SCOPE AND APPLICATION
Method 9060 is used to determine the concentration of organic carbon in ground water, surface and saline waters, and domestic and industrial wastes. Some restrictions are noted in Sections 2.0 and 3.0.
Method 9060 is most applicable to measurement of organic carbon above 1 mg/L.
SUMMARY OF METHOD
Organic carbon is measured using a carbonaceous analyzer. This instrument converts the organic carbon in a sample to carbon dioxide (CO2) by either catalytic combustion or wet chemical oxidation. The CO2 formed is then either measured directly by an infrared detector or converted to methane (CH4) and measured by a flame ionization detector. The amount of CO2 or CH 4 in a sample is directly proportional to the concentration of carbonaceous material in the sample.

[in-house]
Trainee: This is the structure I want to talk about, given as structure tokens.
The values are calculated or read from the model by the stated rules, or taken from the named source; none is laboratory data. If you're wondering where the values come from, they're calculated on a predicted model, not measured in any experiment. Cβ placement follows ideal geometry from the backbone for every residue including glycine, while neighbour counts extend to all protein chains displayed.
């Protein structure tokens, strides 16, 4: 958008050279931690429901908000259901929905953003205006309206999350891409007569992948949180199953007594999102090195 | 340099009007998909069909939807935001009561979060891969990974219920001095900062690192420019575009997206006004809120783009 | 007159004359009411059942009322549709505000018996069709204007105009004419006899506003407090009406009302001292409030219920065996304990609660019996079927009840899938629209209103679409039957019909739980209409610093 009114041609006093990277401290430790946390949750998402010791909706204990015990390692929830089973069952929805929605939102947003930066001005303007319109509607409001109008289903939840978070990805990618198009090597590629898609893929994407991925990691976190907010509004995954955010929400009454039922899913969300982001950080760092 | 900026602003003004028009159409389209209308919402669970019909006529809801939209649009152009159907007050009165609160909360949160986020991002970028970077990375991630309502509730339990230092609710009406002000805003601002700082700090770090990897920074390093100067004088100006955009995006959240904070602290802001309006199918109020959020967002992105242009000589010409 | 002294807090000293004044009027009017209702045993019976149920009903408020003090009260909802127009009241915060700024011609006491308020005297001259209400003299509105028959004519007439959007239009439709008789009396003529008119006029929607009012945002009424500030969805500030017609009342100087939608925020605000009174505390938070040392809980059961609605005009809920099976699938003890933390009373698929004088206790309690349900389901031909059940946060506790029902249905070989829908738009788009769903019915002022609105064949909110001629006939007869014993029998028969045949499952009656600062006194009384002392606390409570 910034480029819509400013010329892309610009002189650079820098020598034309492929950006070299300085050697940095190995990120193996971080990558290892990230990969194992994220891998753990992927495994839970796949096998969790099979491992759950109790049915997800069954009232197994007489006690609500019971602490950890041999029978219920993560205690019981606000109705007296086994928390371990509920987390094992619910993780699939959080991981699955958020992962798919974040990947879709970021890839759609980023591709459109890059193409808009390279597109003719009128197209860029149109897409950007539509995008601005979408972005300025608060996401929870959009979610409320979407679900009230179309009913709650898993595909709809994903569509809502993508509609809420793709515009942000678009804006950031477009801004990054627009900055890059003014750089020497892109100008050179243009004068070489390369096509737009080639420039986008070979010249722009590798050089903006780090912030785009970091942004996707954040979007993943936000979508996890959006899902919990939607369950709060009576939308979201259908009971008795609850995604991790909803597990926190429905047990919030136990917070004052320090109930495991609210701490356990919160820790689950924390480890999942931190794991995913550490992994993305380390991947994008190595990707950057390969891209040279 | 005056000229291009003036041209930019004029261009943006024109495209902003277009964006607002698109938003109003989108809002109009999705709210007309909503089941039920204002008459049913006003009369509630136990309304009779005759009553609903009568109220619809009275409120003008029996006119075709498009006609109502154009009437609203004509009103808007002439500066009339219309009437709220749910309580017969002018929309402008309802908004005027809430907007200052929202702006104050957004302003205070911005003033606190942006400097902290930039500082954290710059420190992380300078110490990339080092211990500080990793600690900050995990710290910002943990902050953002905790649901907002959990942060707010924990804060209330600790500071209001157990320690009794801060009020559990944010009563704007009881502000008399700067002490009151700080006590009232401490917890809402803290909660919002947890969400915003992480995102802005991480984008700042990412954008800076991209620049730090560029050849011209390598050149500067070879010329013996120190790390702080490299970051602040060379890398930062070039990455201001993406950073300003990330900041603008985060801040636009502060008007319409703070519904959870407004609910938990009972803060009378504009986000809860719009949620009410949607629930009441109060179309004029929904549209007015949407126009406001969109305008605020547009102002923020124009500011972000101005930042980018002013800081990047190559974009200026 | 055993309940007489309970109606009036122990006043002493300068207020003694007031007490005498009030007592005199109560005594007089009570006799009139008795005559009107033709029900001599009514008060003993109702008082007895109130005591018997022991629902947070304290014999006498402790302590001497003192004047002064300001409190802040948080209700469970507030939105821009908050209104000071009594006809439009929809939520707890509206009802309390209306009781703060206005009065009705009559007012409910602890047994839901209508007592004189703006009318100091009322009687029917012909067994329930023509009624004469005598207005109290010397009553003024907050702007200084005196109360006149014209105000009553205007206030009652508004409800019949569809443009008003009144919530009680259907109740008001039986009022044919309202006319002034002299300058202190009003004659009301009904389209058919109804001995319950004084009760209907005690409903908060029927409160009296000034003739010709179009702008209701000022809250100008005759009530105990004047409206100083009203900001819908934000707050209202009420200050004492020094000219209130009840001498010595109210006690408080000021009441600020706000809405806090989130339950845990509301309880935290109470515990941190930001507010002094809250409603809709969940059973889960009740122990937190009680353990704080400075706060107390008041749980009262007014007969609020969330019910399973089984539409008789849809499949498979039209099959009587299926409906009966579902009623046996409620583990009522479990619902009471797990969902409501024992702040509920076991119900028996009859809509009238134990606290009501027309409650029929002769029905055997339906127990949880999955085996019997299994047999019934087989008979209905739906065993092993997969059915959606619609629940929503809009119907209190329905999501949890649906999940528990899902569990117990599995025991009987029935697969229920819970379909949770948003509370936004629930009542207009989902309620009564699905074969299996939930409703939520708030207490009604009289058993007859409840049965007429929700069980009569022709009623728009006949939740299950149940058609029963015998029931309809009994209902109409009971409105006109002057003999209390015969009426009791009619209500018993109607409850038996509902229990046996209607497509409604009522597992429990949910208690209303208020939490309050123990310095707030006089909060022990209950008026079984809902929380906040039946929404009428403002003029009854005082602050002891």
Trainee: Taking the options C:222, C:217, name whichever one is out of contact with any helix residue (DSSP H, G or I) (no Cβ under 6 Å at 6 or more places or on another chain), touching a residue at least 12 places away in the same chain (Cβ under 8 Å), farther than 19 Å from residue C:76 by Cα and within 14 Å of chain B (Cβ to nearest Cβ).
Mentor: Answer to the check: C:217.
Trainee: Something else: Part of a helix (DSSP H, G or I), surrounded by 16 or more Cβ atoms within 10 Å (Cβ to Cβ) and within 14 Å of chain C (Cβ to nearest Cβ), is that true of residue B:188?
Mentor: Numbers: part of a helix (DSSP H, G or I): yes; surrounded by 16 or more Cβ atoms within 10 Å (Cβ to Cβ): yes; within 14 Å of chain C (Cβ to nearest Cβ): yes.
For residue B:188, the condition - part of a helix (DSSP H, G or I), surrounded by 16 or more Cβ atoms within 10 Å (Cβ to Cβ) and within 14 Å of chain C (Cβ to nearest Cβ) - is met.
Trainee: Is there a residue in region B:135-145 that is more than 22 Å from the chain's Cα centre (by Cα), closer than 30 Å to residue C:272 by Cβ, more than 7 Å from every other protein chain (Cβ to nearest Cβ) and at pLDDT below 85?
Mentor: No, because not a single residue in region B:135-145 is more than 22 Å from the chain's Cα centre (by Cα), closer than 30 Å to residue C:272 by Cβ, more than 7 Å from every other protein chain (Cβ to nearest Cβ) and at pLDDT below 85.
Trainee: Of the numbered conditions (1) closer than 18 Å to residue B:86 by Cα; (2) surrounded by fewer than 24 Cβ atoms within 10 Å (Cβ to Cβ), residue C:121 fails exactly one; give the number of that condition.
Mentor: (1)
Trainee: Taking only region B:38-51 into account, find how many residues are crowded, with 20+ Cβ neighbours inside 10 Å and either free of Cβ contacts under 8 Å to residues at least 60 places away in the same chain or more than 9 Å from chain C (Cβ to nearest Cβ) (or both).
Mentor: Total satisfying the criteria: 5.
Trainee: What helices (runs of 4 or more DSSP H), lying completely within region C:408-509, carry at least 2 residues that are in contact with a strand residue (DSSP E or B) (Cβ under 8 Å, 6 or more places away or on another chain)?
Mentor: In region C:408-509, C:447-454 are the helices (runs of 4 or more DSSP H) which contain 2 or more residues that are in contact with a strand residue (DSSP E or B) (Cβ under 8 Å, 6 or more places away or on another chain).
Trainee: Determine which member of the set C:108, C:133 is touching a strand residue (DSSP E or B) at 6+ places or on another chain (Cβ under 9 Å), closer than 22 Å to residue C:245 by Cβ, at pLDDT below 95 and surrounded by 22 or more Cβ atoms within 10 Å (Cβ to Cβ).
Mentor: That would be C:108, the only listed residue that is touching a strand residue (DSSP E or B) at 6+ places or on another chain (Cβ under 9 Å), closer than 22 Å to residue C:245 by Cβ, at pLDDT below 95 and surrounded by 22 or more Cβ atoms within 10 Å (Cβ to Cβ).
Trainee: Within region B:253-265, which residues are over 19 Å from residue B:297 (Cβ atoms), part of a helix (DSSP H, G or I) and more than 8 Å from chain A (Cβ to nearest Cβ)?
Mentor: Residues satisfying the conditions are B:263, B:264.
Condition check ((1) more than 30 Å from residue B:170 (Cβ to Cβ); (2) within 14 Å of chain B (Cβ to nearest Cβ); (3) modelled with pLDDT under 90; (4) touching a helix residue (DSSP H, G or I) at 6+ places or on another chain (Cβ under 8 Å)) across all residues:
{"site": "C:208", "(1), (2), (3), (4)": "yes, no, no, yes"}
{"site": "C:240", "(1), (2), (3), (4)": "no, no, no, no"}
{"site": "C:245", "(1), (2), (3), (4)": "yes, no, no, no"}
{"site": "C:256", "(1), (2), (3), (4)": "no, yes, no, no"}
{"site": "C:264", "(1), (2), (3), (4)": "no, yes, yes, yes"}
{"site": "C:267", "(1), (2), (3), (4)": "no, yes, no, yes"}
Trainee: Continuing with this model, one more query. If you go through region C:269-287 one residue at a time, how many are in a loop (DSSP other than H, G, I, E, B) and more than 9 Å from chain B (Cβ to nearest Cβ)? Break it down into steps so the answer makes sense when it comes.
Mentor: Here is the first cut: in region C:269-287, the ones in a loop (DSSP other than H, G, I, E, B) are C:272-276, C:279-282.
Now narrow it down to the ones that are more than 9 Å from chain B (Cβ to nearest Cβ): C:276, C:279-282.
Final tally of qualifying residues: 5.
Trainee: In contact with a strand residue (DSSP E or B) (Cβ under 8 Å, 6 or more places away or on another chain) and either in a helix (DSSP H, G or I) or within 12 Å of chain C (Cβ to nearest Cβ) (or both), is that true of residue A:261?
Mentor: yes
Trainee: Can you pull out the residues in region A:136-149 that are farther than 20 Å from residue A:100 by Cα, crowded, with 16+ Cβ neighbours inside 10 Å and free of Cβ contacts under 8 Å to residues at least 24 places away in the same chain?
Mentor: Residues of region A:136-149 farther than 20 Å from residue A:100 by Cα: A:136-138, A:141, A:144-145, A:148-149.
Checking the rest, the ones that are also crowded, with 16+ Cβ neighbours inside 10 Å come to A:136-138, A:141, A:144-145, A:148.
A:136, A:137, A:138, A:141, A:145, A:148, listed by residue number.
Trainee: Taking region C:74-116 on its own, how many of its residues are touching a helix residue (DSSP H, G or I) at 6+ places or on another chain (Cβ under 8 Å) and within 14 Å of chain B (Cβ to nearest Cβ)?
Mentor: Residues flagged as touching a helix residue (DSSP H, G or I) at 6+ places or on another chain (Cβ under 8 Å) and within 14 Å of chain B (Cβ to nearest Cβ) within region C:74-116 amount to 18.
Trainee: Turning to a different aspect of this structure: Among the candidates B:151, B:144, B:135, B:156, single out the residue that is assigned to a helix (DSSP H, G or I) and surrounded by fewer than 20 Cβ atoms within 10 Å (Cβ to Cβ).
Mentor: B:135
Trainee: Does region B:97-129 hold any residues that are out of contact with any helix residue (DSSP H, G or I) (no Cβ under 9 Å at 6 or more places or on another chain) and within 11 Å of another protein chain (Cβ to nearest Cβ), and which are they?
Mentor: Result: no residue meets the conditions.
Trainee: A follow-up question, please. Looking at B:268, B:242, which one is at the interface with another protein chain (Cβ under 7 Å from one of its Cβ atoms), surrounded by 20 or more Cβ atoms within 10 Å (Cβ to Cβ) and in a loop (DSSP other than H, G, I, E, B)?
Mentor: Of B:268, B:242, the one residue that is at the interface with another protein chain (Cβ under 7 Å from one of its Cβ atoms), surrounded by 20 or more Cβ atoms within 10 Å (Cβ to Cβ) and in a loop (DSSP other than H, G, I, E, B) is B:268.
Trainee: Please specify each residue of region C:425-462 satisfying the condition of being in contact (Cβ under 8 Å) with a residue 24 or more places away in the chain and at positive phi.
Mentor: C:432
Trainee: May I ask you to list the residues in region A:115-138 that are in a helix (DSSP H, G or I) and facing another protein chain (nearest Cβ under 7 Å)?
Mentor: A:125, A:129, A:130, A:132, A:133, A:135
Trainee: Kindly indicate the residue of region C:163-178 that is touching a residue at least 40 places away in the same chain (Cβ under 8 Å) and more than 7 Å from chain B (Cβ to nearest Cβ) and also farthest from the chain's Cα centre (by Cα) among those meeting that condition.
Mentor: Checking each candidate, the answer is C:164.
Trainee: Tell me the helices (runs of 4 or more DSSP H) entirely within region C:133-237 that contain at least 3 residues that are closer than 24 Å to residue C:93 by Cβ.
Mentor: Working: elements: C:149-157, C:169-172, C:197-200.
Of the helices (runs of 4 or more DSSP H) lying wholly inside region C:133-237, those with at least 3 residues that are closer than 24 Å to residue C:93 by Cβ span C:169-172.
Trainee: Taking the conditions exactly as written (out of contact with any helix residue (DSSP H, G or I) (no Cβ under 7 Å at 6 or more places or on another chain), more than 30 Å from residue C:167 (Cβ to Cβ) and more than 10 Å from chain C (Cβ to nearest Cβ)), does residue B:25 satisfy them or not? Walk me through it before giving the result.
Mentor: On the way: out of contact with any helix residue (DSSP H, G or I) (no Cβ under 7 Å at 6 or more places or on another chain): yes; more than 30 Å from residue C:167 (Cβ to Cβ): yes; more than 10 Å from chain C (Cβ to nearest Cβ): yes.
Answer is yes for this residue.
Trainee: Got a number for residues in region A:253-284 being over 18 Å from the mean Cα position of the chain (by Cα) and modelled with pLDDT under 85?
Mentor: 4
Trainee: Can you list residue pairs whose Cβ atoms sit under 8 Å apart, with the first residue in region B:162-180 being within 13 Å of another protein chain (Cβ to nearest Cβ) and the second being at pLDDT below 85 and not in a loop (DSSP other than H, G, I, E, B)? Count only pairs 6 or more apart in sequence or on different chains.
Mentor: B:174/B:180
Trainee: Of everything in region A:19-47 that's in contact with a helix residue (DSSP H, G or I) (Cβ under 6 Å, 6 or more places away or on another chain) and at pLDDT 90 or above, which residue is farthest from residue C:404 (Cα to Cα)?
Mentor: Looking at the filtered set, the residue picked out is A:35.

Carbonaceous analyzers are capable of measuring all forms of carbon in a sample. However, because of various properties of carbon-containing compounds in liquid samples, the manner of preliminary sample treatment as well as the instrument settings will determine which forms of carbon are actually measured. The forms of carbon that can be measured by Method 9060 are:
Soluble, nonvolatile organic carbon: e.g., natural sugars.
Soluble, volatile organic carbon: e.g., mercaptans, alkanes, low molecular weight alcohols.
Insoluble, partially volatile carbon: e.g., low molecular weight oils.
Insoluble, particulate carbonaceous materials: e.g., cellulose fibers.
Soluble or insoluble carbonaceous materials adsorbed or entrapped on insoluble inorganic suspended matter: e.g., oily matter adsorbed on silt particles.
Carbonate and bicarbonate are inorganic forms of carbon and must be separated from the total organic carbon value. Depending on the instrument manufacturer's instructions, this separation can be accomplished by either a simple mathematical subtraction, or by removing the carbonate and bicarbonate by converting them to CO2 with degassing prior to analysis.